Descriptive Statistics provide simple summaries of the sample and the measures or the basic information about variables in a dataset. The Central Tendency and Variability or dispersion are the most common descriptive statistics. The measure of central tendency describes the average of the values, while the measure of dispersion concerns how spread out the values are.

**Descriptive Statistics Data Analysis Tool**

You can use the Data Analysis Toolpak in Excel to generate **Descriptive Statistics**. For example, generate descriptive statistics for the Mathematics test scores of 15 students.

**Step 1: ** Enter all data (Math Scores). On the **Data** tab, in the **Analysis** group, click **Data Analysis**. Choose **Descriptive Statistics** and click **OK**.

A dialog box appears

**Step 2: **Click **Input Range**, and highlight the scores, If you want to include the heading, check **Labels in first row**.

**Step 3:** Click **Output Range**, and highlight cells where you want to put the results.

**Step 4: **Click the** Summary Statistics** checkbox, if you want to put a confidence interval around the mean, click** Confidence Level for Mean **checkbox, then click **OK**.

Descriptive Statistic Results

**Understanding the** **Descriptive Statistics Results**

**Mean**

The mean or average is a central tendency of the data, it is the sum of the observations divided by the total number of observations.

**Standard Error (Std Error)**

If you calculated the standard deviation of all mean values, you would have a statistic called the standard error of the mean. The standard error of the mean is a measure of the variation of the sample mean about the population mean. The Std Error is calculated by dividing the Std Dev of the population or the sample by the square root of the total number of observations.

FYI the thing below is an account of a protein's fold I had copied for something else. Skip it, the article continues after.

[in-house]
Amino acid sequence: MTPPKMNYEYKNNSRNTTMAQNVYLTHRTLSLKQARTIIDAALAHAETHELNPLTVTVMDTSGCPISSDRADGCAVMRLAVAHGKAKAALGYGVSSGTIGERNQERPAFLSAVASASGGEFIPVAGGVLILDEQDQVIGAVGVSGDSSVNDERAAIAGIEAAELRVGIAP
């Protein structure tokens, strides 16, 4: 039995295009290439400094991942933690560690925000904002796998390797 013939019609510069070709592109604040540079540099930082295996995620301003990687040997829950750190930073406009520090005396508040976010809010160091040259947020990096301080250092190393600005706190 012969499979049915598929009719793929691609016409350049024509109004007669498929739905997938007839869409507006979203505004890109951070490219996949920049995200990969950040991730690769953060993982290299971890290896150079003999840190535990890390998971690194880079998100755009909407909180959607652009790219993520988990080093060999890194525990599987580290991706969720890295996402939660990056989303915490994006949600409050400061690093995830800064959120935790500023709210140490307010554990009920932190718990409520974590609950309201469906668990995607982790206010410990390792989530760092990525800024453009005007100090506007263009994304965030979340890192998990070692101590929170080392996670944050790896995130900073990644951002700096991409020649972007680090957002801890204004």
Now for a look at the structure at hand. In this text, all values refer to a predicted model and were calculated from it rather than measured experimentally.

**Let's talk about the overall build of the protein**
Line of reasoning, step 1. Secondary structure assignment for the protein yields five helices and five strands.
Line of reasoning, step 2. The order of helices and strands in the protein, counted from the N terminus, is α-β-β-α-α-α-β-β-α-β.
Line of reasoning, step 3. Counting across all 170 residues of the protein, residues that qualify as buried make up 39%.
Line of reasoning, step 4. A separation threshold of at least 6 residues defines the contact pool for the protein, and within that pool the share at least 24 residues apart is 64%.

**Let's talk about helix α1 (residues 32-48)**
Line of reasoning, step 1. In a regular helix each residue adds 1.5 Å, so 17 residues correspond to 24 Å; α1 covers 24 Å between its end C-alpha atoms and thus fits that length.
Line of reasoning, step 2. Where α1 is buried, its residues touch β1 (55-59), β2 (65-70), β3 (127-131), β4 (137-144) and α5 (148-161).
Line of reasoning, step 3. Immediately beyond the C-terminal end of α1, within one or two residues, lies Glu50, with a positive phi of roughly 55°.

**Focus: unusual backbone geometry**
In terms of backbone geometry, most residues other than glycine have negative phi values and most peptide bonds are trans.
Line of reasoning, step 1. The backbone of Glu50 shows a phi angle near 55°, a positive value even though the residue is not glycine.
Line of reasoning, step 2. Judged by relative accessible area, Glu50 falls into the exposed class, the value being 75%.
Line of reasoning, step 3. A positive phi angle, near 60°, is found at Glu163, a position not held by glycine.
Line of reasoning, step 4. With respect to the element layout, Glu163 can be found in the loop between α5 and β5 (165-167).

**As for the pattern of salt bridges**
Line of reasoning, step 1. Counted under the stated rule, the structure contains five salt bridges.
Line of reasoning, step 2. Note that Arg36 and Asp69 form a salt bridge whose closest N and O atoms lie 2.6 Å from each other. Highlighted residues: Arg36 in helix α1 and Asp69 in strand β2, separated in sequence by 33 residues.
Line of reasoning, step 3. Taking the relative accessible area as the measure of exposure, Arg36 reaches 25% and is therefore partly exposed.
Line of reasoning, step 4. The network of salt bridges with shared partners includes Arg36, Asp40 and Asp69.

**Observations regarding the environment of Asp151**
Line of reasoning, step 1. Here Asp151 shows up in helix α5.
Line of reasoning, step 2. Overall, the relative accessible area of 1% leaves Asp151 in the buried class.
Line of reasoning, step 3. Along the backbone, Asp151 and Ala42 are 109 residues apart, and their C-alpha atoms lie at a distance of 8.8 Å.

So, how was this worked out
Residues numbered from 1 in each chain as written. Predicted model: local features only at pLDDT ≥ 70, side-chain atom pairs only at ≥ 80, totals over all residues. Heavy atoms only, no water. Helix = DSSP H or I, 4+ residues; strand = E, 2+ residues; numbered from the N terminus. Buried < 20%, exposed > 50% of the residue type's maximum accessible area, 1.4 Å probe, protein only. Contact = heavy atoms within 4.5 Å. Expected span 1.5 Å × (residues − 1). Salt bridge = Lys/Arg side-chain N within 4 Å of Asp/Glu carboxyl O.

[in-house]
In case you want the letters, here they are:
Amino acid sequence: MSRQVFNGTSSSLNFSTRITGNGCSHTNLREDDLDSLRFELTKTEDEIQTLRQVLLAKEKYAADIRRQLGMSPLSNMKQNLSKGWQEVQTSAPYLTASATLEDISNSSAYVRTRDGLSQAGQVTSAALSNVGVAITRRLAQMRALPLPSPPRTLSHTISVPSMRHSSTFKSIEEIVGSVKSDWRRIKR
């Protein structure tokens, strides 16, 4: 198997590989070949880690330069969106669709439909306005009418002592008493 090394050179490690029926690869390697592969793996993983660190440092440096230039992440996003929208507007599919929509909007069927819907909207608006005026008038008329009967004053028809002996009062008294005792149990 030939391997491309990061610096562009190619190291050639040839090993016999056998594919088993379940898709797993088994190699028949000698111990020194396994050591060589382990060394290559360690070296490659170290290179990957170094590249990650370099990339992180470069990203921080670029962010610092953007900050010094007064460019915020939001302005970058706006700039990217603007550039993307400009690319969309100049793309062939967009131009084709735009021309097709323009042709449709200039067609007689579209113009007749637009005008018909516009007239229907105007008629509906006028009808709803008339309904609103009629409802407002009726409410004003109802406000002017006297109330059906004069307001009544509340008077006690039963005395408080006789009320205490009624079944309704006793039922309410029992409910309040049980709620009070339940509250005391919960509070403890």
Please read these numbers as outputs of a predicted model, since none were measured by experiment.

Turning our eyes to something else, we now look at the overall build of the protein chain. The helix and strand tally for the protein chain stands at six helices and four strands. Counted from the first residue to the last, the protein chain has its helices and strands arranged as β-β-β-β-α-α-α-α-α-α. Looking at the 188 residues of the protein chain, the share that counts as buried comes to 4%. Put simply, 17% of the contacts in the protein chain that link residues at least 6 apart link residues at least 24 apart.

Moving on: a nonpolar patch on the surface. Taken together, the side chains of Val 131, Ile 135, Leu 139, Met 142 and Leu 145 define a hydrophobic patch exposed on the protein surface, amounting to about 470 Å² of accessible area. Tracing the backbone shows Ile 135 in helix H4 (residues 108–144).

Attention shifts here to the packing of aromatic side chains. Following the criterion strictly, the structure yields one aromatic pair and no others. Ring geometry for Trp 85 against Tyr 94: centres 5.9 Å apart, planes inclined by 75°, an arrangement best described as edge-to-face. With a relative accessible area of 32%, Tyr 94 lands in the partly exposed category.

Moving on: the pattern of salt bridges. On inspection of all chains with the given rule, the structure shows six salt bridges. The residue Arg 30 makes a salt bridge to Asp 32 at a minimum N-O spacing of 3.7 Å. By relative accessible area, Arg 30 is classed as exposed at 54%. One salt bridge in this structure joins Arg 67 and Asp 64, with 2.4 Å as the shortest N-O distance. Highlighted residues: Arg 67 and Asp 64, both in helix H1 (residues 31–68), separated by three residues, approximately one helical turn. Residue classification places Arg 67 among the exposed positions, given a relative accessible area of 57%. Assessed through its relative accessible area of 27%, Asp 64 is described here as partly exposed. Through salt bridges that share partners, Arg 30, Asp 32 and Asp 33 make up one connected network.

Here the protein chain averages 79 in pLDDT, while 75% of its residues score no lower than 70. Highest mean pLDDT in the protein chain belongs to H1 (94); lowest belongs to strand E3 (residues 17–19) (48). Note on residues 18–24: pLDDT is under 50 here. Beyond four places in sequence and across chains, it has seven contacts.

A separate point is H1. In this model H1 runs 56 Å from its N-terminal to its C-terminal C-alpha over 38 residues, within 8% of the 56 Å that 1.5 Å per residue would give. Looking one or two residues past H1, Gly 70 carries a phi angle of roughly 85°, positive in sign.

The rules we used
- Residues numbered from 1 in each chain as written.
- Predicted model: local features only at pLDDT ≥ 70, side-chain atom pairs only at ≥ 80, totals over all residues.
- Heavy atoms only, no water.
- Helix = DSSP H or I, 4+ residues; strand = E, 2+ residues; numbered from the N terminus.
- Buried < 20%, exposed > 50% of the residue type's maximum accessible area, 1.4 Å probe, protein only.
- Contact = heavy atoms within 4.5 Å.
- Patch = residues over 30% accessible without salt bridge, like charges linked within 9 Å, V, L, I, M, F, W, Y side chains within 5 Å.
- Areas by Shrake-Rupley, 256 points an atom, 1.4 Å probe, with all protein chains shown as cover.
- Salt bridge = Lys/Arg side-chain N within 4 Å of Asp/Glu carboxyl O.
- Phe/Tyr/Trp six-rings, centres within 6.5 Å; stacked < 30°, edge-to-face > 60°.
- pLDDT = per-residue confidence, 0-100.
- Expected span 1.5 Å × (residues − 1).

**Median**

The median or the 50th percentile is another measure of central tendency, it is the “middle number” of the sorted data values. If the number of terms is odd, the median will be the average of the middle 2 terms.

**Mode**

The mode refers to the most frequent, common number in the data set.

**Standard Deviation (Std Dev)**

The standard deviation is a popular measure of dispersion. It measures the average distance between a single observation and the mean. A high Std Dev indicates that the data points are spread out over a wider range of values, however, a low Std Dev indicates that the data points tend to be close to the mean of the data set.

**Sample Variance**

The sample variance is a popular measure of dispersion. It is the simple mean of the squared distance from the mean.

**Kurtosis**

Kurtosis measures the heaviness of the tails in the data distribution. It is a measure of whether the data are heavy-tailed (profusion of outliers) or light-tailed (lack of outliers) relative to a normal distribution.

**Skewness**

Skewness measures the direction and degree of asymmetry in the data distribution. It is a test for normality in the data by dividing it by the Std Error. The skewness value can be positive, negative, or undefined.

**Range**

The range is the difference between the largest and smallest data values.

**Minimum**

Minimum is the smallest value in the data set.

**Maximum**

Maximum is the largest value in the data set.

**Sum **

The sum (or total) of the data values.

**Count**

Count is simply the number or count of how many items or observations you have.

**Confidence Level**

The confidence level is the percentage of sample confidence intervals that you expect to capture the population mean, normally, 90%, 95%, and 99%.

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